Dylan Chevalier first noticed the shift when he was around 10 or 11 years old. Something felt “off,” and he couldn’t put his finger on it.
“But I never, I kind of refused to make that connection that it had anything to do with me being gay or liking men,” Chevalier says.
“So life kind of went on and I was hoping that it would eventually go away and everything would be fine. It didn’t happen that way.”
It took until high school for him to understand and accept his sexual orientation. He first came out to close friends and his parents and then wrote a post on Facebook.
“There were a few people that were like, ‘Really? No way!’ but I never got one comment of negativity and it was all positive feedback. You know, ‘That’s awesome,’ ‘Good for you for coming out.’ Family were like that and it was great to hear it from mom and dad regardless of what the family situation was at the time.”
The 18 year old is part of a group that sexual minority researcher and activist Kris Wells calls “Generation Queer.”
“It’s the first generation that can be fully out in their schools,” Wells says. “It’s the first generation that has the full support of their families behind them and when schools are not safe and supportive, what we see are these children and their families fighting back.”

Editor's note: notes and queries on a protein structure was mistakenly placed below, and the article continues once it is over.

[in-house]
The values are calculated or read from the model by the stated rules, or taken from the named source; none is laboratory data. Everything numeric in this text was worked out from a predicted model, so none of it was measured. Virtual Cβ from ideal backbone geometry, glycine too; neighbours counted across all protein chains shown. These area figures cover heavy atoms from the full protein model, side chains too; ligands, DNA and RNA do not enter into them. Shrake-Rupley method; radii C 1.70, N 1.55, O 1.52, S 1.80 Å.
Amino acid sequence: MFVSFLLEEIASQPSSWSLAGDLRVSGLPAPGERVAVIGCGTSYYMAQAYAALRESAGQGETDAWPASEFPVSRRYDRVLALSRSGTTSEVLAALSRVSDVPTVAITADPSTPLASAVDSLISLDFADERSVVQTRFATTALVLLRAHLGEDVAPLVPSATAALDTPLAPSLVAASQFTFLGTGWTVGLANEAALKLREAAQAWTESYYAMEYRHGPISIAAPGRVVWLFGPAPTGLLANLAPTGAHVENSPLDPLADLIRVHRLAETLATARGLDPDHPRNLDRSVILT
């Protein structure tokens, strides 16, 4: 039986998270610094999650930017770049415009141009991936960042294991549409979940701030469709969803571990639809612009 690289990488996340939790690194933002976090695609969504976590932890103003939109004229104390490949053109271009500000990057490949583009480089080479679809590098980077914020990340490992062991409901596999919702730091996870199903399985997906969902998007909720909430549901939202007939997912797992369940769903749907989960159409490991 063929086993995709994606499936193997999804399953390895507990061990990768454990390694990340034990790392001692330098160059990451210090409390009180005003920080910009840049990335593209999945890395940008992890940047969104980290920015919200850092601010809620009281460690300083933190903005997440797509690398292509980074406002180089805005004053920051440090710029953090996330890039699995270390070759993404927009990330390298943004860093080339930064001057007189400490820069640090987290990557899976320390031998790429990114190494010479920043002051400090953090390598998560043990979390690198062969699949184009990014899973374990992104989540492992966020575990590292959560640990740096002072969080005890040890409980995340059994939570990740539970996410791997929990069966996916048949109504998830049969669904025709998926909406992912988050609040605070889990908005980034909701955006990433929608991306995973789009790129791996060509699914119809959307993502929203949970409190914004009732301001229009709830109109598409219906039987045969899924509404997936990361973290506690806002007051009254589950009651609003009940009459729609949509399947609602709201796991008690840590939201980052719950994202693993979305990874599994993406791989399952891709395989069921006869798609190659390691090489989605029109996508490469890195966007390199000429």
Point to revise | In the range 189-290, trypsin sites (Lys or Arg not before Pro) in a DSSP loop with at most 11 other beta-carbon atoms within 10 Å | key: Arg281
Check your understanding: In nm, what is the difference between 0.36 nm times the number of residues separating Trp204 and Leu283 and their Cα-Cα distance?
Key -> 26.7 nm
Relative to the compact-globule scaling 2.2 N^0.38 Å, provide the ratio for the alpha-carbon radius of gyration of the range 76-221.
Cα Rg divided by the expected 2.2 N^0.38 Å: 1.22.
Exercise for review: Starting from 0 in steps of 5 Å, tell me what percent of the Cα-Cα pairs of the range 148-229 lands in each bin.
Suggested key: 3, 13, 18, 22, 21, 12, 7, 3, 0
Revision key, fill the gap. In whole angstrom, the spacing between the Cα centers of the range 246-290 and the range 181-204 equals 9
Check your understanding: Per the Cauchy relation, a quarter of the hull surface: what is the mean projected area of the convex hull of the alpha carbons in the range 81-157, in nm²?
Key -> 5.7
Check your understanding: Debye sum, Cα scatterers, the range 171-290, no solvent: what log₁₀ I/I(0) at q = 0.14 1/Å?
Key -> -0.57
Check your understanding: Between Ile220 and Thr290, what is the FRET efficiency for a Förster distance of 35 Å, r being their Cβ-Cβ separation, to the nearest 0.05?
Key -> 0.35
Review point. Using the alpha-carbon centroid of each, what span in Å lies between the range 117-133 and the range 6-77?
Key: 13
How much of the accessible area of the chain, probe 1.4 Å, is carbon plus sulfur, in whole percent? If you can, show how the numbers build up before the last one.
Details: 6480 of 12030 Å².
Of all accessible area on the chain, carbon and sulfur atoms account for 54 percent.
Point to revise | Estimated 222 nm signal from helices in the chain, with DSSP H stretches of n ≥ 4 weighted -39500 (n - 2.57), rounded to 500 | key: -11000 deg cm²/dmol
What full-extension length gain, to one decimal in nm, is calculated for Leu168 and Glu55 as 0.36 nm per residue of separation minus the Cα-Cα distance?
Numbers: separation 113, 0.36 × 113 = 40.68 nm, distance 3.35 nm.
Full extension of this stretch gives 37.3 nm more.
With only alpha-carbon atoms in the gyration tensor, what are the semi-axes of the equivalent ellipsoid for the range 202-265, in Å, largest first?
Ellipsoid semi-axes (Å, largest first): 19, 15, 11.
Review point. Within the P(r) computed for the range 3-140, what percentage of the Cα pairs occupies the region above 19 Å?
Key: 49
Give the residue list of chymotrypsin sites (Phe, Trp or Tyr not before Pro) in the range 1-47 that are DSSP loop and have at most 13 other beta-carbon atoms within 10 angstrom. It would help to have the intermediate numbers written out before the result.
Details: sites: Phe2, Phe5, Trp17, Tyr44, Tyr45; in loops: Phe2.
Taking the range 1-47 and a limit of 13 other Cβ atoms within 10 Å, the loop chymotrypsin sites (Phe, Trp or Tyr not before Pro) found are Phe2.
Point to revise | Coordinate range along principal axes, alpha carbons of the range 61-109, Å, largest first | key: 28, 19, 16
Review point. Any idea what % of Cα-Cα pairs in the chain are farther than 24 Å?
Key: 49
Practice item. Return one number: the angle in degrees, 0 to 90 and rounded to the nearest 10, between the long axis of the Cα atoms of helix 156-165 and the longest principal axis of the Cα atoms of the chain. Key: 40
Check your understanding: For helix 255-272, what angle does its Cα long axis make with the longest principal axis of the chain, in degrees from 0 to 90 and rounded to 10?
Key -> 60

Wells says the average coming out age for sexual orientation is now 15 or 16 years old, the start of high school. That compares to a decade ago when it was common for LGBTQ individuals to wait until after graduation when they could attend college and find a community they felt safe with. While LGBTQ youth are developing their own safe spaces through the creation of gay-straight alliances, Wells says they still have a ways to go to achieve equal rights and full inclusion.
According to Statistics Canada, 11 per cent of the hate crimes reported to police in 2015 targeted sexual orientation. While the number of incidents reported to police declined by nine per cent over 2014, the victims were more likely to suffer violent crime compared to those targeted for their race, religion or ethnicity.
“The reality and research is telling us we are still not there yet,” Wells says. “These kids are still more likely to be bullied and victimized and more likely to turn to drugs and alcohol as negative coping mechanisms. They’re more likely to have compromised mental health – not only as children but into adulthood as well. That’s really the legacy of what happens when you don’t feel safe and supported as a young person. This has lifelong mental health consequences.”
Chevalier hopes future generations won’t have to struggle to come out the way he did, and that being a sexual minority will be accepted to the point that it becomes normalized.
“I’m hoping that in the next 20 to 30 years, not that the kids forget what it was like before, but they don’t have to think about it,” Chevalier says. “That they can just grow up like a straight kid. You don’t have to think about being straight. It just is, right?”